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Predatory Publishing: Evaluating Conferences

How to Evaluate Conferences

Similar to evaluating publishers and journals, these are some common things to look out for:

  • Similar names to other major publishers or professional organizations
    • Note what might be appealing to someone depending on their academic level, geographic location, or their field's prestige -- is it "international" or "British"
  • Personalized email invitations with clumsy language and/or lack of information
  • Promise of a quick and easy turnaround for submission and approval
    • Consider how long or complicated it can be to properly read proposals and review pieces through a multi-step peer review process and scheduling presentations
  • Organization's location is hidden and/or only has vague information on the current or previous conferences
  • Email and website use clumsy language with grammatical errors
  • Email and website contain blurry and/or unprofessional images or branding identities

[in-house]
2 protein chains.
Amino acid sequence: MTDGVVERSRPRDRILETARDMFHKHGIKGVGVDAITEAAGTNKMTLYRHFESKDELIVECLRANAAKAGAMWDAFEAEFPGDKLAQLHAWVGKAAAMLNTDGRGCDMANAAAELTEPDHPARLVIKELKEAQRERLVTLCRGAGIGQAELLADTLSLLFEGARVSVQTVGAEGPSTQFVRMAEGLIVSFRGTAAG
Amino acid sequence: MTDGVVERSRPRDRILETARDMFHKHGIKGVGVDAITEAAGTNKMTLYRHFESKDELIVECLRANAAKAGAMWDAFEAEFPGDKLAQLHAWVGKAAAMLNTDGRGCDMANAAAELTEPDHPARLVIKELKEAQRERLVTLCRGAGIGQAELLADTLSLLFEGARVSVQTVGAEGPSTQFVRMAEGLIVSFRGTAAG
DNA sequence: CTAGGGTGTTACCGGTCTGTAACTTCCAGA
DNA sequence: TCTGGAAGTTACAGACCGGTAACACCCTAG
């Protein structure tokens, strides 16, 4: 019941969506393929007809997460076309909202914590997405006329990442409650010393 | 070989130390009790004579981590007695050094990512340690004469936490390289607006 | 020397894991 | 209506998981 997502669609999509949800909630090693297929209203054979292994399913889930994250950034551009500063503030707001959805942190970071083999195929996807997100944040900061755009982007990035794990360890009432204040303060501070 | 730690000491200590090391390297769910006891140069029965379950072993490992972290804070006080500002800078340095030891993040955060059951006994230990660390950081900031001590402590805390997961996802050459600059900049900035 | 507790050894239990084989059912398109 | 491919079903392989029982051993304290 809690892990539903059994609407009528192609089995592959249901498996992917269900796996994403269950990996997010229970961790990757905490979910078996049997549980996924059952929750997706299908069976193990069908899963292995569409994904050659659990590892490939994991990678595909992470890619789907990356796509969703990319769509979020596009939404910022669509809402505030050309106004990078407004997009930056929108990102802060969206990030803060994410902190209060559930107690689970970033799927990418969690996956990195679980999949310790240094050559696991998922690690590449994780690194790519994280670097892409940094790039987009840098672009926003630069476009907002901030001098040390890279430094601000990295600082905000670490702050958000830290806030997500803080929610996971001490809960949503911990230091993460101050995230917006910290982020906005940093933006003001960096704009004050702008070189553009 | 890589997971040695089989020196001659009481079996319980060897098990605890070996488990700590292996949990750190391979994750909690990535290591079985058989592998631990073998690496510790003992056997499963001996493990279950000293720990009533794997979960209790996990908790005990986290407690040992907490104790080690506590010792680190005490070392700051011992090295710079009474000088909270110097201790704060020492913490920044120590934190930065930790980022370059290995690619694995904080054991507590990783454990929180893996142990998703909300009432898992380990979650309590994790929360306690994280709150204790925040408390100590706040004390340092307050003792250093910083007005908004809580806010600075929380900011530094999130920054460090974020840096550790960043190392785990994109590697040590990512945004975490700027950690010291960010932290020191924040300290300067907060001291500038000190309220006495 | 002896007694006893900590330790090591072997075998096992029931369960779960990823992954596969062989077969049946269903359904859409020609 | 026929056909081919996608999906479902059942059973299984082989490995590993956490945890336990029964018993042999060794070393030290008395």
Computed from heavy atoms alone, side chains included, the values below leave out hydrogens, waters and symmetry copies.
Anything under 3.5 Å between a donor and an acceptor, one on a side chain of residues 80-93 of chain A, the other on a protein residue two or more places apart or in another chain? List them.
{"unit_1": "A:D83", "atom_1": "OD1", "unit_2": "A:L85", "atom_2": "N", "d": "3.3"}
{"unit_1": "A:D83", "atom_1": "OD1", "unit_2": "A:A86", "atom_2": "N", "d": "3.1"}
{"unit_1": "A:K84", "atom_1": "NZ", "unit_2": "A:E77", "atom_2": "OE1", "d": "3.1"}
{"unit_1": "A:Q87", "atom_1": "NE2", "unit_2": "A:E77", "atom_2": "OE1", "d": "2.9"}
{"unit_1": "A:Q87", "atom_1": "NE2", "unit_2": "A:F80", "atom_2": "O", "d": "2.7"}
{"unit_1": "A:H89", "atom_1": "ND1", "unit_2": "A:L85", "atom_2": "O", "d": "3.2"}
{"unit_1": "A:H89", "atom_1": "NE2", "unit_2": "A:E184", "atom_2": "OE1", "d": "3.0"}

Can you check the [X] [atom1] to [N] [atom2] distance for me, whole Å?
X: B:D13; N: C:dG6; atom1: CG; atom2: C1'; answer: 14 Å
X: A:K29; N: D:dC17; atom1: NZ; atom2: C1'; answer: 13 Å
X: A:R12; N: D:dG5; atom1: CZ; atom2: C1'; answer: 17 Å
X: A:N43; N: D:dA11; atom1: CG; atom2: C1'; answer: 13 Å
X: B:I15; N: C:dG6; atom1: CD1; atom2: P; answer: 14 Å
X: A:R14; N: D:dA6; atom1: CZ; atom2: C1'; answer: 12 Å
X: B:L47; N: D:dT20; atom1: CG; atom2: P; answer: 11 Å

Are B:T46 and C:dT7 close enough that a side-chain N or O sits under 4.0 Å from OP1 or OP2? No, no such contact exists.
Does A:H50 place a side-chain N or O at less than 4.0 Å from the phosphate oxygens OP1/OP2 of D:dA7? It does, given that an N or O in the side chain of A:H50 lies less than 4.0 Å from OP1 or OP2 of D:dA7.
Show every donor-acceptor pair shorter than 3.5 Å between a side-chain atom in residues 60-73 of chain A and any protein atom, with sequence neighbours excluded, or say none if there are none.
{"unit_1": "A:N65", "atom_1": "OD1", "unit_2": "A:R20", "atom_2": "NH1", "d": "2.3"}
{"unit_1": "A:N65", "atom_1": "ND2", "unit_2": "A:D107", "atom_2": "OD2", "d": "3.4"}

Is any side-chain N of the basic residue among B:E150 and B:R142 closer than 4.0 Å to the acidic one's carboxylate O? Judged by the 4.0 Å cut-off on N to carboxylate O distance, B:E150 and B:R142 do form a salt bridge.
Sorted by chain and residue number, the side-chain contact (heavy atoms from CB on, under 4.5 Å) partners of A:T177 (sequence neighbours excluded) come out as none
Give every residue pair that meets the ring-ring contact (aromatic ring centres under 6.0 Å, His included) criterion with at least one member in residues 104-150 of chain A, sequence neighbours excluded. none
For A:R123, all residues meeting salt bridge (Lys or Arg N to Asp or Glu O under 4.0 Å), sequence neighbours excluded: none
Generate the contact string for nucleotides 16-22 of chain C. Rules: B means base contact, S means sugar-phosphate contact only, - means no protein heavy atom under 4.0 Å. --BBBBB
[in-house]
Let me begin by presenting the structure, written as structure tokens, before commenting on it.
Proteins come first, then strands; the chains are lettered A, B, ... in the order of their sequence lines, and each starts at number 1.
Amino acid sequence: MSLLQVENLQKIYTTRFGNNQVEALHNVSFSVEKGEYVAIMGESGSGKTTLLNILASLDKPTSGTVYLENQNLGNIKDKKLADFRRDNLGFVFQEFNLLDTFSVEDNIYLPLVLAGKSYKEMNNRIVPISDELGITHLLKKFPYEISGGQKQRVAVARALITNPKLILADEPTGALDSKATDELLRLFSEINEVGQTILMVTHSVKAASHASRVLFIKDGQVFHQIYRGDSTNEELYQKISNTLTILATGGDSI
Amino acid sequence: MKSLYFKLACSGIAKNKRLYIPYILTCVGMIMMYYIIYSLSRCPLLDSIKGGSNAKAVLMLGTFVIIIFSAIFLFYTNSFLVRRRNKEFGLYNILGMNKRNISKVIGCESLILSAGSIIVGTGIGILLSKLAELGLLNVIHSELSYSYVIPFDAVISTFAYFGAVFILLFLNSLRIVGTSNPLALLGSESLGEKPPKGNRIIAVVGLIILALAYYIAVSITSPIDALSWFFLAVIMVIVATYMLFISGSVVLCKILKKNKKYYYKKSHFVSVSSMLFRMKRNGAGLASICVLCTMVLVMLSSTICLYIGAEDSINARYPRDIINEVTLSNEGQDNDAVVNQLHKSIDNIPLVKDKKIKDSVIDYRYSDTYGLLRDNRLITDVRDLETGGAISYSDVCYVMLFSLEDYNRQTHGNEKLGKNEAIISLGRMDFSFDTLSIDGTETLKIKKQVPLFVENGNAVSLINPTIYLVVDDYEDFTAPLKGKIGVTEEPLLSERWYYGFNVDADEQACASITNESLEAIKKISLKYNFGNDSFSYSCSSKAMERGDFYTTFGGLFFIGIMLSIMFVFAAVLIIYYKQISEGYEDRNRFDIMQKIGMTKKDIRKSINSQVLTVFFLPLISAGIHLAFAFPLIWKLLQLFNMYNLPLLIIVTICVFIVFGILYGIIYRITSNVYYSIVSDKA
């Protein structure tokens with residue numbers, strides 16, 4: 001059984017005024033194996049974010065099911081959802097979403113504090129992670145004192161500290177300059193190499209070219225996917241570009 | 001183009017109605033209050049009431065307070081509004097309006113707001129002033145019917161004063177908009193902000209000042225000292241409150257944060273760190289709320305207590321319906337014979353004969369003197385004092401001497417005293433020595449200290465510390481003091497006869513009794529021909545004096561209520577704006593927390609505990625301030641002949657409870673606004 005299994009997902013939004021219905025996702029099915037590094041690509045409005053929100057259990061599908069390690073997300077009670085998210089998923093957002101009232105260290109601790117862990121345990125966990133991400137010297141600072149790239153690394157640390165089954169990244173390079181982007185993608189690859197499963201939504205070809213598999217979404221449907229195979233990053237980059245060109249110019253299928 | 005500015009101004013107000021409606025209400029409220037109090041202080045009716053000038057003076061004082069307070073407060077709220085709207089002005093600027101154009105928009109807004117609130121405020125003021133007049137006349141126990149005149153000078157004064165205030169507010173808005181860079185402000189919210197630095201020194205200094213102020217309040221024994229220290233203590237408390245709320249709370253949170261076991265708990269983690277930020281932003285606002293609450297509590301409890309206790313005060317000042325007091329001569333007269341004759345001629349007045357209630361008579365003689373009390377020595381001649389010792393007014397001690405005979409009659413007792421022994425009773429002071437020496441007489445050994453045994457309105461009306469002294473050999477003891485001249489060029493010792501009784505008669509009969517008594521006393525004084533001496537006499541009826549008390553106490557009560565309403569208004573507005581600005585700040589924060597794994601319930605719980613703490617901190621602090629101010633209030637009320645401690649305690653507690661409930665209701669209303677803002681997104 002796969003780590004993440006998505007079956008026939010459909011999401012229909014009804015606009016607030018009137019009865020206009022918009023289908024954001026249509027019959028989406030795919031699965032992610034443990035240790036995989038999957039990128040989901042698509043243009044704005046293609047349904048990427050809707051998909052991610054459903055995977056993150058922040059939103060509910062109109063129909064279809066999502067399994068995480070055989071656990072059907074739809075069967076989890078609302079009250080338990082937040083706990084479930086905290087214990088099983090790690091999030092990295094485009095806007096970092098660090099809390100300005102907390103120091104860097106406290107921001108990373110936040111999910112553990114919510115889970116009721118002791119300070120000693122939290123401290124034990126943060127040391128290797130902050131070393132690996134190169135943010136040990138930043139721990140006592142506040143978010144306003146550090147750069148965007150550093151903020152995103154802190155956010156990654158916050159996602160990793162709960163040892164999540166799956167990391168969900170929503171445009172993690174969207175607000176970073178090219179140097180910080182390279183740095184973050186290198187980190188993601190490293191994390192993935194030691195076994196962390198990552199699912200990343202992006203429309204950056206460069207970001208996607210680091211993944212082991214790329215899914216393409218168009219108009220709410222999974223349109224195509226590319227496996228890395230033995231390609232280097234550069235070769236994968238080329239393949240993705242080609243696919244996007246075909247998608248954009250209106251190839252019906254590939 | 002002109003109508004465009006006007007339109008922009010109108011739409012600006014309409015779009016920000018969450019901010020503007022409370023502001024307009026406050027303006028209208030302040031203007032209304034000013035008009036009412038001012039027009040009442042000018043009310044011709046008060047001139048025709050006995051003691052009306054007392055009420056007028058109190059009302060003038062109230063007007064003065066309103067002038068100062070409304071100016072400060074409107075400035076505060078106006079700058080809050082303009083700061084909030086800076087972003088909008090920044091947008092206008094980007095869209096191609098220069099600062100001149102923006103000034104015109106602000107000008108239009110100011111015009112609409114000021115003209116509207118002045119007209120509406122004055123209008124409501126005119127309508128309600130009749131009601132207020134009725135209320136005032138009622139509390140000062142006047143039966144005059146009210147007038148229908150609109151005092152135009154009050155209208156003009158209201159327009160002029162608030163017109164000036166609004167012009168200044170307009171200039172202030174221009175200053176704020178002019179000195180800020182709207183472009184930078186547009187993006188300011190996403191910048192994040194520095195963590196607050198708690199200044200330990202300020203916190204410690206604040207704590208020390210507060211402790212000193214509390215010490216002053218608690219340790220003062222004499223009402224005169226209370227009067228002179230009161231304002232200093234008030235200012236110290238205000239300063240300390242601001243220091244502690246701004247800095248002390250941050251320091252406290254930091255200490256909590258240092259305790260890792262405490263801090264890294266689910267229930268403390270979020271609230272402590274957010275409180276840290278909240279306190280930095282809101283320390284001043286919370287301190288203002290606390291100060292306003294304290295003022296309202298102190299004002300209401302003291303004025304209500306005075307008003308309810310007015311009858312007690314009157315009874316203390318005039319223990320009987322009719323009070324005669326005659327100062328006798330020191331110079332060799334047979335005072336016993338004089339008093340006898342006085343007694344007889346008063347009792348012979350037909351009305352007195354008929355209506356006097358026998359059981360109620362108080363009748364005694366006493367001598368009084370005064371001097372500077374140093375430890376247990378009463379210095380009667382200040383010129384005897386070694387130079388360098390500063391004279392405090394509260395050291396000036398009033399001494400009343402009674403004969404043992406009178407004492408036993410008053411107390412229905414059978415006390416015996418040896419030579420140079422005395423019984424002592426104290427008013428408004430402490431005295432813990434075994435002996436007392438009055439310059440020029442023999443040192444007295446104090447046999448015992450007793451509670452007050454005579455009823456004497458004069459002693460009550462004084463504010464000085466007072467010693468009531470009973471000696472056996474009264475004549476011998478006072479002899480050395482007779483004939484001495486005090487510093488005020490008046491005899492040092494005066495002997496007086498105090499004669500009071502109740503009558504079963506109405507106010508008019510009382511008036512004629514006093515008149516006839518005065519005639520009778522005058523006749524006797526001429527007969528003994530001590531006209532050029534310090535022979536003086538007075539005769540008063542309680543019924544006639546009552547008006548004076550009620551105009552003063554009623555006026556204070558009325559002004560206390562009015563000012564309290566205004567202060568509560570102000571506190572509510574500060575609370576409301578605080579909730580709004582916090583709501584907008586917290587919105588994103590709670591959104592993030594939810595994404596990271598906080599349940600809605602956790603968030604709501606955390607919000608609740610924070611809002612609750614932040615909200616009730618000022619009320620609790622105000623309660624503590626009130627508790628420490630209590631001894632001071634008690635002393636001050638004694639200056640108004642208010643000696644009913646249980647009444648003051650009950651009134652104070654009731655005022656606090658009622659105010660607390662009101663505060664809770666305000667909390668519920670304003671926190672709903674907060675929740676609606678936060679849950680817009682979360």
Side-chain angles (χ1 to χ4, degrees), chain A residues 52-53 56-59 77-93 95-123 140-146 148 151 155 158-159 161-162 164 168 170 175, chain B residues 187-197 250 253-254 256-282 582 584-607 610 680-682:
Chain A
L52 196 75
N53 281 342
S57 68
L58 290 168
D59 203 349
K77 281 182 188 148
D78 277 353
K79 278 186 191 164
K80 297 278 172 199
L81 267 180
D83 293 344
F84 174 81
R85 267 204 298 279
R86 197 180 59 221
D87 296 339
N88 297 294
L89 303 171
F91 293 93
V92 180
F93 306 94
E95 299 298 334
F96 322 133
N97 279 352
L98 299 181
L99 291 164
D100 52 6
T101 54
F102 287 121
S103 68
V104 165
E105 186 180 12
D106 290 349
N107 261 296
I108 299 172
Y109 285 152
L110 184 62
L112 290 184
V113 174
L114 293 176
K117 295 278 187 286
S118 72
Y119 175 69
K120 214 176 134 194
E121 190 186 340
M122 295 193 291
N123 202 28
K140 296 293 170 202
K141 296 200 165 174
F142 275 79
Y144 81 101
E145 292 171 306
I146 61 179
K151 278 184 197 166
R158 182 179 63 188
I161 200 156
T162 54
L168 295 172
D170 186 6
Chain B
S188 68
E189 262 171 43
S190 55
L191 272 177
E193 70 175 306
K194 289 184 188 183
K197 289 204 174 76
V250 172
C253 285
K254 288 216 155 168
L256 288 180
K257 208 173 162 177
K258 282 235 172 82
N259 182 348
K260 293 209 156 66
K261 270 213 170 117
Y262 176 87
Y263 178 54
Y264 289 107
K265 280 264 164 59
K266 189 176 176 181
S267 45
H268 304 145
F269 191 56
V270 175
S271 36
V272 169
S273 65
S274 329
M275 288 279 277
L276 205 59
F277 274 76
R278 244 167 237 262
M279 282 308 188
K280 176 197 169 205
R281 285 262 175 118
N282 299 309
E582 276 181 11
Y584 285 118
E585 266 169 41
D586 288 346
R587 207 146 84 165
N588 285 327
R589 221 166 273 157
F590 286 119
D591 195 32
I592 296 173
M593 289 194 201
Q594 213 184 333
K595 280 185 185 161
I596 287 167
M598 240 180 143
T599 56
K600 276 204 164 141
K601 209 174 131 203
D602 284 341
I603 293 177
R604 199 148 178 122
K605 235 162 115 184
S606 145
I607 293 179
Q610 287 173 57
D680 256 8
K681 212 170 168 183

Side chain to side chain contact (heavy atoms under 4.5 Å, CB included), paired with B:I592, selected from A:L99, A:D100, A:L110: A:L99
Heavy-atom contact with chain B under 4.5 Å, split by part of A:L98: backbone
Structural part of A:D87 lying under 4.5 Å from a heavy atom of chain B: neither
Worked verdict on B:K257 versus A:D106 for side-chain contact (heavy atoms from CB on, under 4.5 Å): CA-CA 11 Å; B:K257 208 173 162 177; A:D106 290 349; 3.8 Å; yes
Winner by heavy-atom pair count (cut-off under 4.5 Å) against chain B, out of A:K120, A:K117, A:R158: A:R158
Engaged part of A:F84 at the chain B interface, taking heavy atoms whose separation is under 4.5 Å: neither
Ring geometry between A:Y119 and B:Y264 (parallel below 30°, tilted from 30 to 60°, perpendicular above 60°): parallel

• Previous conference proceedings aren't available online or indexed in academic databases
  • Conference fees and structures are hidden, vague, or exorbitantly high (to ensure high profit margin)
  • Conference or overarching organization's contact information is hidden or connected to an unprofessional, un-customized email address (e.g. @gmail or @yahoo)
    • There are no representatives connected to a major academic institution, such as conference committees, review boards, or testimonials, to follow-up on
  • Faculty and advisors have never heard of the conference or the overarching organization 

Additional Resources

Check out these resources for evaluating conferences:

Predatory Conferences